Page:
Psychology’s replication crisis inspires ecologists

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Psychology’s replication crisis inspires ecologists to push for more reliable research

Cathleen O’Grady

Quote:Ecology suffers from many of the same underlying problems as psychology. Surveys of the ecology literature have found that small sample sizes are common, often driven by high cost or limited access to a species or other study system. In landscape ecology, each landscape is unique, meaning the sample size is one, Wiersma says. “There is one Yellowstone park,” she says. “There’s one Lake District.” Small samples lead to erratic results that sometimes miss the effects researchers are looking for and other times hit on noise that looks like a real signal.

Worsening those problems are “questionable research practices,” says Fiona Fidler, a metascientist at the University of Melbourne. In a 2018 study published in PLOS ONE, Parker, Fidler, and colleagues reported on a survey of more than 800 ecologists and evolutionary biologists. About half of the respondents said they sometimes presented unexpected findings as if they confirmed a hypothesis they’d had all along, and about two-thirds said they sometimes reported only significant results, leaving out negative ones. Together, these forces mean a literature overflowing with potentially dubious results, Parker says. It’s a “house of cards.”

But unlike psychology, in which researchers have tried to replicate famous studies and failed in about half the cases, ecology has no smoking gun. A 2019 PeerJ study found only 11 replication studies among nearly 40,000 ecology and evolution biology papers—and only four of these 11 studies managed to replicate the original finding. It’s hard to replicate ecology studies, Parker says, because it often entails expensive and difficult data gathering in remote places or over long time frames. And ecosystems are so complex that any number of variables could affect the outcome of a repeat experiment—like the age of the organisms in the study, the temperatures at the time, or the presence or absence of pollutants. “No man can step into the same river twice because it’s not the same man and it’s not the same river,” says Phillip Williamson, an ecologist at the University of East Anglia who has criticized a high-profile effort to replicate ocean acidification research.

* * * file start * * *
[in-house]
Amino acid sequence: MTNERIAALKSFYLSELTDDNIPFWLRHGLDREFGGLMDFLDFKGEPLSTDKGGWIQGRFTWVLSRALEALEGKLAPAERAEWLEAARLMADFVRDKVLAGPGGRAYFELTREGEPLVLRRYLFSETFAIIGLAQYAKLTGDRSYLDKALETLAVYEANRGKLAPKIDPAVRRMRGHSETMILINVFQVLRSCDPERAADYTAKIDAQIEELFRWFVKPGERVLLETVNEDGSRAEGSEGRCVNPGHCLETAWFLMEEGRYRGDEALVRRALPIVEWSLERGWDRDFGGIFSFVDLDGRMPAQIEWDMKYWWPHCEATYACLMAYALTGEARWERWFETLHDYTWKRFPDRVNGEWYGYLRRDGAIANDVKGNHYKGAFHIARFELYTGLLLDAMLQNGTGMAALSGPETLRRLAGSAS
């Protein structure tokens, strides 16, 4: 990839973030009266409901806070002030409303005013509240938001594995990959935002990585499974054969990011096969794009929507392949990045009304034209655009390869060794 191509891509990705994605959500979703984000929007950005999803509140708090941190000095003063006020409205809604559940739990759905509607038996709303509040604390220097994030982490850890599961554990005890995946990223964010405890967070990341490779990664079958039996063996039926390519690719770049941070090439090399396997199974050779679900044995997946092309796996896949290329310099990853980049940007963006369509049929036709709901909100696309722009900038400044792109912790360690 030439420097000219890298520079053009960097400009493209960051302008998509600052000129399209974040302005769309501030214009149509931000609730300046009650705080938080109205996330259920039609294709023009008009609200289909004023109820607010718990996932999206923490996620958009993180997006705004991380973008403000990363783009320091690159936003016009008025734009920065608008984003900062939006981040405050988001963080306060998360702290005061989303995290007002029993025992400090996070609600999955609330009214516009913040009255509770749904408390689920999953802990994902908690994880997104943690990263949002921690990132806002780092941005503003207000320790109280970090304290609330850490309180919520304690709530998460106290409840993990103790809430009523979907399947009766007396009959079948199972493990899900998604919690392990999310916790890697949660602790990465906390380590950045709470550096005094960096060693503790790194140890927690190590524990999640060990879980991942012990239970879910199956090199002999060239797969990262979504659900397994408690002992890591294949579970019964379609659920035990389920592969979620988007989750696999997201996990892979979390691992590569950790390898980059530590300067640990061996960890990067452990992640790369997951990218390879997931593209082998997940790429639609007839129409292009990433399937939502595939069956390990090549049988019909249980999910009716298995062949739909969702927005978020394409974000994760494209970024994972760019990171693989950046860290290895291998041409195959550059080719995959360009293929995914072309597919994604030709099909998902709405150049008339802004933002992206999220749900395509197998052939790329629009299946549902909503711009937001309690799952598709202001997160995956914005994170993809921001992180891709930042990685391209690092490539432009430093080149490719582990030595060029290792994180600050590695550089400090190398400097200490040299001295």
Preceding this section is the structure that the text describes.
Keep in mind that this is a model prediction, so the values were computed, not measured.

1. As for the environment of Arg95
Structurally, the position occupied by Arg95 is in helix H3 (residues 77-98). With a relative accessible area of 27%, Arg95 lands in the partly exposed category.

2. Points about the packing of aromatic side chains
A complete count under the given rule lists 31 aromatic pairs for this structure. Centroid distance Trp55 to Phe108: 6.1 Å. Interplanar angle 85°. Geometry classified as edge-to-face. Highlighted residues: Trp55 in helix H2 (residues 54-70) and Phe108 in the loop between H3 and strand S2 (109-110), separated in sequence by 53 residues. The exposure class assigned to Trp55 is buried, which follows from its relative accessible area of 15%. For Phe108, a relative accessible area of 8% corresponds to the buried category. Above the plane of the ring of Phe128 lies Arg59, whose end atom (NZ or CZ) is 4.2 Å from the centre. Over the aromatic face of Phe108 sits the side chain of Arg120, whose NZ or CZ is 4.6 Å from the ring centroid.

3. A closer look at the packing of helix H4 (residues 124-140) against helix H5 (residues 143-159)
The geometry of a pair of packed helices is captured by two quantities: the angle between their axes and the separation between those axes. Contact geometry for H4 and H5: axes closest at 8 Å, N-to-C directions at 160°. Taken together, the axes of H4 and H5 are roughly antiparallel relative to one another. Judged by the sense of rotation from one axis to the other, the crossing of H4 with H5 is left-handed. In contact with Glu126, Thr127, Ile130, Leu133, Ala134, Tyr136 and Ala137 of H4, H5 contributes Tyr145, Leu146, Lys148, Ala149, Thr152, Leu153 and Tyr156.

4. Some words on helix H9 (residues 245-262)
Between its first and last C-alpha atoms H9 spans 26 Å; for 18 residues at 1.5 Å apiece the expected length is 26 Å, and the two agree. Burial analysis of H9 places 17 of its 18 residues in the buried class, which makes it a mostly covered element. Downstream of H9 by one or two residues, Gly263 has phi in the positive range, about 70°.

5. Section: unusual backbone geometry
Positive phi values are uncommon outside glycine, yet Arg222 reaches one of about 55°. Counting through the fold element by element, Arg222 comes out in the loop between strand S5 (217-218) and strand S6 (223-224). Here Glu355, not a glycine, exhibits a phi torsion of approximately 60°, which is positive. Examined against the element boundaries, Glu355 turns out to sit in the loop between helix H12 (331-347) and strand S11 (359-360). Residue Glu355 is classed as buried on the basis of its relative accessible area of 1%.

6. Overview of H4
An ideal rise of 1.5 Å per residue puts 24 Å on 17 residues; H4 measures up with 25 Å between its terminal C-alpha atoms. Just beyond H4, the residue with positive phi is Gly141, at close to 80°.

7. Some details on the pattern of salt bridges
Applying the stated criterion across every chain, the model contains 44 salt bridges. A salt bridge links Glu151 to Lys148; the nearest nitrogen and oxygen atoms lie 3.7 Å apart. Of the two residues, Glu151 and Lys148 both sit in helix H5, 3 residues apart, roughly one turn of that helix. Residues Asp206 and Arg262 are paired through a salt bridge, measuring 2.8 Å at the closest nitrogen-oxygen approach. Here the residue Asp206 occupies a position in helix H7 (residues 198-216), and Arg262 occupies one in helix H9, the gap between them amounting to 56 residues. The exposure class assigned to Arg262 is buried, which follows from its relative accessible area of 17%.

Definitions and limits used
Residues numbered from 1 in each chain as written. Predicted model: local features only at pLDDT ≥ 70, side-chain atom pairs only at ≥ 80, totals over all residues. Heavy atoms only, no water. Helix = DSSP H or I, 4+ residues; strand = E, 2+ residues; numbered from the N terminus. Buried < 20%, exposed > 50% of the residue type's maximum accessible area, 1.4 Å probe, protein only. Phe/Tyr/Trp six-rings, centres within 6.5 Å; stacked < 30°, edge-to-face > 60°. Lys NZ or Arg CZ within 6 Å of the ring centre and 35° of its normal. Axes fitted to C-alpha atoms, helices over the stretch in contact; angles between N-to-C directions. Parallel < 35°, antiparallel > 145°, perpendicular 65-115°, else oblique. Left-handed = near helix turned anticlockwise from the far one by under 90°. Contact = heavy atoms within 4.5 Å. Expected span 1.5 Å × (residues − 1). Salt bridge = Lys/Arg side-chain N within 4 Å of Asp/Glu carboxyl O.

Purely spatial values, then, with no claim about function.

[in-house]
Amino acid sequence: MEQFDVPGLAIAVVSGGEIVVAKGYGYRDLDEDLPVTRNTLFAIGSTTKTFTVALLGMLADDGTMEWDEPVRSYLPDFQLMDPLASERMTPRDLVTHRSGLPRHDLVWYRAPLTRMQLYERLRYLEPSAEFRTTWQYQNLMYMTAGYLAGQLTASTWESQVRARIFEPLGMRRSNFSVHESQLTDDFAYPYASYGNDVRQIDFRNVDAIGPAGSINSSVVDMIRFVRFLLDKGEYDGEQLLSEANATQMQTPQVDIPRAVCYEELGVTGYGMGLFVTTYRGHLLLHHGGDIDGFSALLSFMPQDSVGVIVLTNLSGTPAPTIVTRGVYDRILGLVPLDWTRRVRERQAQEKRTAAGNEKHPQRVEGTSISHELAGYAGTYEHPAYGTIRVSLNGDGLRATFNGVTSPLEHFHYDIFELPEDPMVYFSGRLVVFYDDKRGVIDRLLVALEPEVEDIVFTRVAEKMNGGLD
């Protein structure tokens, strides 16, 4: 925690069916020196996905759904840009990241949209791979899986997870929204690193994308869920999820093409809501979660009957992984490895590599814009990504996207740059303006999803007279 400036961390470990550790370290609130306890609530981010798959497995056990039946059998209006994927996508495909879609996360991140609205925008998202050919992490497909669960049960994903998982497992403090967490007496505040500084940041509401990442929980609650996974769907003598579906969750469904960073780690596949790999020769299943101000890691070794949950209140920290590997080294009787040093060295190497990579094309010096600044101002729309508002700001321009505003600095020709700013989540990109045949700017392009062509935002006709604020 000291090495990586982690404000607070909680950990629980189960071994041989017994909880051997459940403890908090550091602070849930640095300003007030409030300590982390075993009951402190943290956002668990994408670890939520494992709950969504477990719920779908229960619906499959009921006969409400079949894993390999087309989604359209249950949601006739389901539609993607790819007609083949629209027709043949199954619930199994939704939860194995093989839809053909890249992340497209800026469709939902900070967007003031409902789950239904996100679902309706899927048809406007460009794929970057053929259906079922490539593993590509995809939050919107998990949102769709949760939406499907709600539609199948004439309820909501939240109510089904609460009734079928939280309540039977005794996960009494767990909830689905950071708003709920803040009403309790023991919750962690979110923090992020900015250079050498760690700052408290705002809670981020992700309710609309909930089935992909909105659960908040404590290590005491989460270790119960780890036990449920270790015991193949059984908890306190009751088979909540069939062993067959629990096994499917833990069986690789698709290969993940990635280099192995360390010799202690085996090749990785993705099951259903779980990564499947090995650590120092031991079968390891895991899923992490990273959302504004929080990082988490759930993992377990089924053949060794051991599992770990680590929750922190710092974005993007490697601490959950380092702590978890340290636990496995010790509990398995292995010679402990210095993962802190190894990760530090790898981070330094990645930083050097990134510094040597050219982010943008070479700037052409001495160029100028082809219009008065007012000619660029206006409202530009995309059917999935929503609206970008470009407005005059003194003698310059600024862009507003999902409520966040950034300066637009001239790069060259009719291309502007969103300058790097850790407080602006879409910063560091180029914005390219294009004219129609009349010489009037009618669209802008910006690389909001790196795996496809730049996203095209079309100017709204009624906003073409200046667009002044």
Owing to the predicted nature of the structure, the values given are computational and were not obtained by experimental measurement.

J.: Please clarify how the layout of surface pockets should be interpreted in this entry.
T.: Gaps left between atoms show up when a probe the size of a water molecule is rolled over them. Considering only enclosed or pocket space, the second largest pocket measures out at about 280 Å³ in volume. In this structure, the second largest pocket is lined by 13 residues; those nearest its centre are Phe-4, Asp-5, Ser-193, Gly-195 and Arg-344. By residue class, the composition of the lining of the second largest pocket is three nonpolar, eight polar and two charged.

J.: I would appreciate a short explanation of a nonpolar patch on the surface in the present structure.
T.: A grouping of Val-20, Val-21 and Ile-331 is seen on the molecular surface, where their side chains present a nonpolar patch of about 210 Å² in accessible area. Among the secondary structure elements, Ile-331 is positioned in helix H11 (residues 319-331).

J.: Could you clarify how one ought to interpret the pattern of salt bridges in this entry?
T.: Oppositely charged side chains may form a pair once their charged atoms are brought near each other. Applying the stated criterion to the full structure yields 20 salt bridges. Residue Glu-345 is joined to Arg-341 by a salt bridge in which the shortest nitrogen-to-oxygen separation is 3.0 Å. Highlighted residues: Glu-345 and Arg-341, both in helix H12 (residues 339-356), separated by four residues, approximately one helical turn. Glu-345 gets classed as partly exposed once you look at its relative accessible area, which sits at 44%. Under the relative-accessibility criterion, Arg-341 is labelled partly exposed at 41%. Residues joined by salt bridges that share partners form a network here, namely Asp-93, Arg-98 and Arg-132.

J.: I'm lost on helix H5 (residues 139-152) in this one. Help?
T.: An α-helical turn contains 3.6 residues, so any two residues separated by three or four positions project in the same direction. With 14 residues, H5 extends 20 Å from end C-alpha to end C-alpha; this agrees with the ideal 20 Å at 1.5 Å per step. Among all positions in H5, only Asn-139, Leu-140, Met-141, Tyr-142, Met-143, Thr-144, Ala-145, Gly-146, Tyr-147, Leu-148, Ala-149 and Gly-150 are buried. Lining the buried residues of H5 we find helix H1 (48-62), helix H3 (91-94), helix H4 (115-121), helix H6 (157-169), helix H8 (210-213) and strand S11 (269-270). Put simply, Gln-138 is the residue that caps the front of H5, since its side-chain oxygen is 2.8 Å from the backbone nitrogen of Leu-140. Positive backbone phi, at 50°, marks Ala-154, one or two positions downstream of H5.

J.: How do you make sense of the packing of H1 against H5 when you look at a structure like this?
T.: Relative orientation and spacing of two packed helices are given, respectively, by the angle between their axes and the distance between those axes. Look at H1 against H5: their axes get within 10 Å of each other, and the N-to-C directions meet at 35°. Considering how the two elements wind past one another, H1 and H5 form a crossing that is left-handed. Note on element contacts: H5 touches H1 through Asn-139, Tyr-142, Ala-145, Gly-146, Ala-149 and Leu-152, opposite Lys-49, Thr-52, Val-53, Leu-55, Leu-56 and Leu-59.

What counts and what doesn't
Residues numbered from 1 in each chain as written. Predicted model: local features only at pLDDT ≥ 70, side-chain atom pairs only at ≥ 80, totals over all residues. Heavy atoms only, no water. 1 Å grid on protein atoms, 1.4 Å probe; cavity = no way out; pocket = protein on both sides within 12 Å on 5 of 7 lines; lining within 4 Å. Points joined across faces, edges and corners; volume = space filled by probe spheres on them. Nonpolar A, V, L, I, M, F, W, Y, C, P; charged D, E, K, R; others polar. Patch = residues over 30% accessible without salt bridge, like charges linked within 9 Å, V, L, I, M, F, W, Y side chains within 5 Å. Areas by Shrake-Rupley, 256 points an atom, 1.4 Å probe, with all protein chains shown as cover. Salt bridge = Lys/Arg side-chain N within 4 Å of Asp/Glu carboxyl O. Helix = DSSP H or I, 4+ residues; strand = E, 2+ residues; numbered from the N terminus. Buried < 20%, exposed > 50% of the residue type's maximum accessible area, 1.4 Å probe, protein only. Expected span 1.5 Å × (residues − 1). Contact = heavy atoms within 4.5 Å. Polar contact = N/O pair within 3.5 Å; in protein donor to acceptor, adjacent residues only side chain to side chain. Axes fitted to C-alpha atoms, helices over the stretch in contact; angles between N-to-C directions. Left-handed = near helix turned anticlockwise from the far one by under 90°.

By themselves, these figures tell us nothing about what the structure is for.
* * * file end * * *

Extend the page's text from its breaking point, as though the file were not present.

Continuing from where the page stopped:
Yet Williamson doesn’t think ecology as a whole is at risk just because some experiments fail to replicate. “Biology isn’t physics,” he says. “I think that the consensus of science gets there eventually.” Parker takes a harder line. “If we don’t expect anything to replicate, why do we bother doing any of this?” he asks.
'Historically, we may regard materialism as a system of dogma set up to combat orthodox dogma...Accordingly we find that, as ancient orthodoxies disintegrate, materialism more and more gives way to scepticism.'

- Bertrand Russell

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